The Guide has a longer upper section giving it 19" of adjustabilty, the Carbon Pro only has 10" of adjustability. The guide comes with powder and trekking baskets the Carbon Pro comes with powder and standard baskets. Otherwise they are built the same.
This is my fourth season on NTN (over 400 days), I have tried most of the boot offerings and have owned the Crispi EVO, Garmont Prophet, and now these TX Comps. By far this is my choice of the three top boots. The comp is slightly less stiff than the EVO, but does not lack in performance, and is significantly lighter and better suited to backcountry travel. Although it is lighter it gives up very little in the way of performance. They provided a good comfortable fit after proper thermo fitting, I did get some slight heel pinching that went away after a few days of skiing.
Next year Scarpa will add the powerblock tour to these boots making them even better. The powerblock tour switch will be available for retrofitting previous years in fall 2011. I have had no issue touring without the walk mode as long as the upper buckles are loosened.
The Garmont Prophet is a good performing boot, but softer and I had severe toe cramming issues with it due to the lack of a heel retention strap (4th buckle.) The heel is wide. As with all ski boots your fit may vary.
The Crispi EVO is the stiffest NTN boot and probably the best for on piste performance, but is heavy, stiff, and has a weak walk mode switch that gets loose with time and is prone to breaking. The shell does a poor job of keeping moisture out and the liner is slow to dry. With that said it was the most comfortable for my foot.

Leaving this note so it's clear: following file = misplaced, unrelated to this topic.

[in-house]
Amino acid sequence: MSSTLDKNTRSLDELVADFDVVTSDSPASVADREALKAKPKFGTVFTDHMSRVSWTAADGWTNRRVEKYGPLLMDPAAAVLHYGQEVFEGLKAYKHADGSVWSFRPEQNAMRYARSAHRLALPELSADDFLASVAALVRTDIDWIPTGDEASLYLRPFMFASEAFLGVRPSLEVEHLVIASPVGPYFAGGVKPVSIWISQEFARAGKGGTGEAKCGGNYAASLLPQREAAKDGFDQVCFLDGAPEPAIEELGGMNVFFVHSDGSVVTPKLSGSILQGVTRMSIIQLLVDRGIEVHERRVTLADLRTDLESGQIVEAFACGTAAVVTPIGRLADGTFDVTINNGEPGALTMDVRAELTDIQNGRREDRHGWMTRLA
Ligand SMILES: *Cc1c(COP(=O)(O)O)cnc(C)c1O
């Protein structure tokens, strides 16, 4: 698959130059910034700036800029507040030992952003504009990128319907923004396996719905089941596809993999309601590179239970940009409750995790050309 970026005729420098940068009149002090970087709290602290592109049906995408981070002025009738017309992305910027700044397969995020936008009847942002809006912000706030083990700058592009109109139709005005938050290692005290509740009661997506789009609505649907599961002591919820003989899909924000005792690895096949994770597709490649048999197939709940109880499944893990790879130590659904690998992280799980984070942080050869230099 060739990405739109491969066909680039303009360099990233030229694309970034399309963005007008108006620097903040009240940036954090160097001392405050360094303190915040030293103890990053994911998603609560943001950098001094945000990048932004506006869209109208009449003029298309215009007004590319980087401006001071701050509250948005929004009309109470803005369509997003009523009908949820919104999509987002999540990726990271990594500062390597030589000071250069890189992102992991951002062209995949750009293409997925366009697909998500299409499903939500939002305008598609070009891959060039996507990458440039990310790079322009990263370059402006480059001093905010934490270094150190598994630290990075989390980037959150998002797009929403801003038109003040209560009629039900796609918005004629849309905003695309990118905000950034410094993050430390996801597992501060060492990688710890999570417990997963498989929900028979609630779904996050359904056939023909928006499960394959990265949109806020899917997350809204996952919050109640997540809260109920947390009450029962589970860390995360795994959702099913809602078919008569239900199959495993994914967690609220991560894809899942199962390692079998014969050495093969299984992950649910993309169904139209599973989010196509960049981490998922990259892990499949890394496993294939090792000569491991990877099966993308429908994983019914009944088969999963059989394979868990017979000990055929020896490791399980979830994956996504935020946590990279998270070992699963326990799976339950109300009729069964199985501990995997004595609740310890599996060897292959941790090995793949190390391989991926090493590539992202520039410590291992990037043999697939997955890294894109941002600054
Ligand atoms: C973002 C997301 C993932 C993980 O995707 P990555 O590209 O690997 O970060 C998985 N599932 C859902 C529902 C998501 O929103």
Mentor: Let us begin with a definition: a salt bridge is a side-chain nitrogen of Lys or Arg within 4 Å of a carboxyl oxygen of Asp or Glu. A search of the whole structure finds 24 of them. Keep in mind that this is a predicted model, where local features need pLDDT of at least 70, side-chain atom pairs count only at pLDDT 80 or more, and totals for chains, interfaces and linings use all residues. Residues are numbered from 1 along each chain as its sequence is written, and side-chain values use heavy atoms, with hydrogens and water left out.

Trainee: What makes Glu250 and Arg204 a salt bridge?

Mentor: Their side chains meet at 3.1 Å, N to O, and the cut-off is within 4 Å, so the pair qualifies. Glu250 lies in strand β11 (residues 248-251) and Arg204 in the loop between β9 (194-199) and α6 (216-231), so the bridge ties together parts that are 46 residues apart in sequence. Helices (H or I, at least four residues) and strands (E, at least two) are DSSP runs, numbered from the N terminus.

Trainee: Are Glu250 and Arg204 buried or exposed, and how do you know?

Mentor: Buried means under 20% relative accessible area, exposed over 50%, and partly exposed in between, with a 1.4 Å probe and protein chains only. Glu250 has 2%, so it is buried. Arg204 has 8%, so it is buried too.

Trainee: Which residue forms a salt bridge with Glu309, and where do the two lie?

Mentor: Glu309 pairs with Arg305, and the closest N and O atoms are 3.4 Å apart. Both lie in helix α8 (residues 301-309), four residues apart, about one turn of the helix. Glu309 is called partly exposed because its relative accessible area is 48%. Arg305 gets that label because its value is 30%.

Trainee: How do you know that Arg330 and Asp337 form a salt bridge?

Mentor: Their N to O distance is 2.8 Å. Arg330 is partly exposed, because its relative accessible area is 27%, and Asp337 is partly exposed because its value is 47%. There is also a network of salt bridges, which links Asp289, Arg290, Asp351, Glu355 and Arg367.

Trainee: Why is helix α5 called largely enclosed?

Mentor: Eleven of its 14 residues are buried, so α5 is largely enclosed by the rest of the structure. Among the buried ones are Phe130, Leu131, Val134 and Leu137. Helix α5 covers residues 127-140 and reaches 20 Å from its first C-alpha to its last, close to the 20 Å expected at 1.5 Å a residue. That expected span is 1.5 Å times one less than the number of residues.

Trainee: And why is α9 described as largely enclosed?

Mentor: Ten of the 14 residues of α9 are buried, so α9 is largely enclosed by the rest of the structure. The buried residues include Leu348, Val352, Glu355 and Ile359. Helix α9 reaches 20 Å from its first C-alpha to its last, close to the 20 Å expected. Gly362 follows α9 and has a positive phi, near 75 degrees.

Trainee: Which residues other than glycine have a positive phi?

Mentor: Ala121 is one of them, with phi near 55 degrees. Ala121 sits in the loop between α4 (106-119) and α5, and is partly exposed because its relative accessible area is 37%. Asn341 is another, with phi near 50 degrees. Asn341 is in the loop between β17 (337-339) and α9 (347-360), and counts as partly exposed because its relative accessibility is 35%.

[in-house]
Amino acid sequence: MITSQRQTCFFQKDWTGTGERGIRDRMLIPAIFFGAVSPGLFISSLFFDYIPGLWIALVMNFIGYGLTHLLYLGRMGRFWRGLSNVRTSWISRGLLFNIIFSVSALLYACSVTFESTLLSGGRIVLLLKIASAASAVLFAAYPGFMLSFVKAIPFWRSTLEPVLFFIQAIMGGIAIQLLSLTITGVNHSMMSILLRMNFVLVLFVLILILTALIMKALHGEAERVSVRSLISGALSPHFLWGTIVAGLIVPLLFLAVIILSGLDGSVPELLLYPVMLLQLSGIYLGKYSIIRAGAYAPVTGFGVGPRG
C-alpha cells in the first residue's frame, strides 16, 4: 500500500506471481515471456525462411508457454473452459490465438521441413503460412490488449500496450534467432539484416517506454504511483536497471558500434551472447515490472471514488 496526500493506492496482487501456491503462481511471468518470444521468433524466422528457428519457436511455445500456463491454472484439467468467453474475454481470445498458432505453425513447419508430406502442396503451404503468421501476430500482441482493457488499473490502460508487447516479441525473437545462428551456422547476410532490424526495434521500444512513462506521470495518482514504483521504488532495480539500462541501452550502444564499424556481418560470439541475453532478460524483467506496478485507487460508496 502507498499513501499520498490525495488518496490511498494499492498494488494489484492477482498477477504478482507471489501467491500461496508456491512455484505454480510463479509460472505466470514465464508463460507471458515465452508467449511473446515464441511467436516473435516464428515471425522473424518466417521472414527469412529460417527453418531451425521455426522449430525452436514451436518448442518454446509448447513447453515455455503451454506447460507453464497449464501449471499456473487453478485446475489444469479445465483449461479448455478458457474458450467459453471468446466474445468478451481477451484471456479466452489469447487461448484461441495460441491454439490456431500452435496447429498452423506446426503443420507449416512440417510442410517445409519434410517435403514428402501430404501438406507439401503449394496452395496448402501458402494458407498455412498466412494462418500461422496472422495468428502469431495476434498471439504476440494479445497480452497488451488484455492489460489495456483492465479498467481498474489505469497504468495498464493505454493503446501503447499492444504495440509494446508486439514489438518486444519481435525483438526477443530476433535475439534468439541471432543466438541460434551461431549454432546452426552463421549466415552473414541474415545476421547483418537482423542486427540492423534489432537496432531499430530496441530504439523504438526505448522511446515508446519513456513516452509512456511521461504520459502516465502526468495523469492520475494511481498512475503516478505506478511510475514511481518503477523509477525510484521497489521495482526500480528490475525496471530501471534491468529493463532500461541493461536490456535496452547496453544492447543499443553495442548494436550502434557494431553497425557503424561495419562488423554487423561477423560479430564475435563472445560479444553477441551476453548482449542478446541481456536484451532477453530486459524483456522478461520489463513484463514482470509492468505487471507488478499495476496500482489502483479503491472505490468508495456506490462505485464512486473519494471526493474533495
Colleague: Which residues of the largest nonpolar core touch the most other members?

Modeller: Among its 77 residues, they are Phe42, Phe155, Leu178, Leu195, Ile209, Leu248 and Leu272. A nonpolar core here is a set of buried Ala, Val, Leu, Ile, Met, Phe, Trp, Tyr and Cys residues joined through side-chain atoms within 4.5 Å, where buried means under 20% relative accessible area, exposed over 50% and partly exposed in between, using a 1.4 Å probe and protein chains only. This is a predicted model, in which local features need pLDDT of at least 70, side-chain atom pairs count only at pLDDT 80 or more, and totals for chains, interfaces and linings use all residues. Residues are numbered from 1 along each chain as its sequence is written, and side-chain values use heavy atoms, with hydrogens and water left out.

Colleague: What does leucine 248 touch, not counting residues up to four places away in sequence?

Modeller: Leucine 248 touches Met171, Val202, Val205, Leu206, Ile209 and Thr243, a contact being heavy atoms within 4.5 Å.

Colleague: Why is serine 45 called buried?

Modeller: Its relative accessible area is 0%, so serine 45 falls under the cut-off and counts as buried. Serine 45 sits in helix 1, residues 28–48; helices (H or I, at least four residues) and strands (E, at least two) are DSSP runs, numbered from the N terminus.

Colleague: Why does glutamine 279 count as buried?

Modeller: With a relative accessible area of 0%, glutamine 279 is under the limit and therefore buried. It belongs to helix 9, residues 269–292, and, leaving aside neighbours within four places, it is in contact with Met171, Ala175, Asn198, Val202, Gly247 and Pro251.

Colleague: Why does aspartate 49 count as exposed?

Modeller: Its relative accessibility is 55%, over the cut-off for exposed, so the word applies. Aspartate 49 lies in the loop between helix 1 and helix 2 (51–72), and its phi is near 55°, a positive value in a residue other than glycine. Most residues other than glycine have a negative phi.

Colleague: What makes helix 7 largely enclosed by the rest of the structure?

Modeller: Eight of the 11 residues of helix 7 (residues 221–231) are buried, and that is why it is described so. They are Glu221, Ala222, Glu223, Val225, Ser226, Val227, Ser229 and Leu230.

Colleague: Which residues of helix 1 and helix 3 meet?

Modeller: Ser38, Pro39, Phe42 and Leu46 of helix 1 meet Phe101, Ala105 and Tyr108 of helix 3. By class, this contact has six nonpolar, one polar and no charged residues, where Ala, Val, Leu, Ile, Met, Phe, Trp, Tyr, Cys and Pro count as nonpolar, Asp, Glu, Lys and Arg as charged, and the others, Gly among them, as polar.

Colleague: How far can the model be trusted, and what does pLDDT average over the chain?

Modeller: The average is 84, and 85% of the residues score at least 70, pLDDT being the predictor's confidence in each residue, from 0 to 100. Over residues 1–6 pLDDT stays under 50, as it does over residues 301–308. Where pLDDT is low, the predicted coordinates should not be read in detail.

For top level performance and durability the TX comp is my first choice. If you have a more casual skiing style or enjoy meadow skipping you might want to look at softer flexing boots.
I really enjoy this vest. It is usually the only additional piece of clothing I add at night on overnight winter backcountry trips. It is perfect for keeping the core nice and toasty and yet it packs down to almost nothing. It is durable enough to be used as a outer layer but light enough to be used as a underlayer.
This is the jacket I take to the slopes most often. I originally purchased this for mostly backcountry ski trips but found myself using it inbounds most days. It is very light, durable and fits well. I have used this for several overnight and multi-day ski trips in the Sierra wilderness. When combined with a silk weight capilene and a R1 midweight it is good for the coldest Sierra winter day temps. I usually add a down sweater vest for zero activity dig ins or hanging around after the sun goes down. This does not have a powder skirt, and while it would be nice for the deep powder days I feel it would be out of place on this streamlined jacket.
I like it so much I picked up a second one!
This jacket is a bit warm for warm sierra spring days. On warmer days I typically leave this one behind and take a nano puff and lightweight shell. On these days I often find my self wanting just the light shell and a single baselayer.
This insulator is almost always in my backcountry ski pack and is all the insulation I usually take on most winter/spring day trips. I love how small it compresses and it breathes well on those cold early morning skins. It is combines perfectly with a lite outer shell for Sierra winter and early spring outings.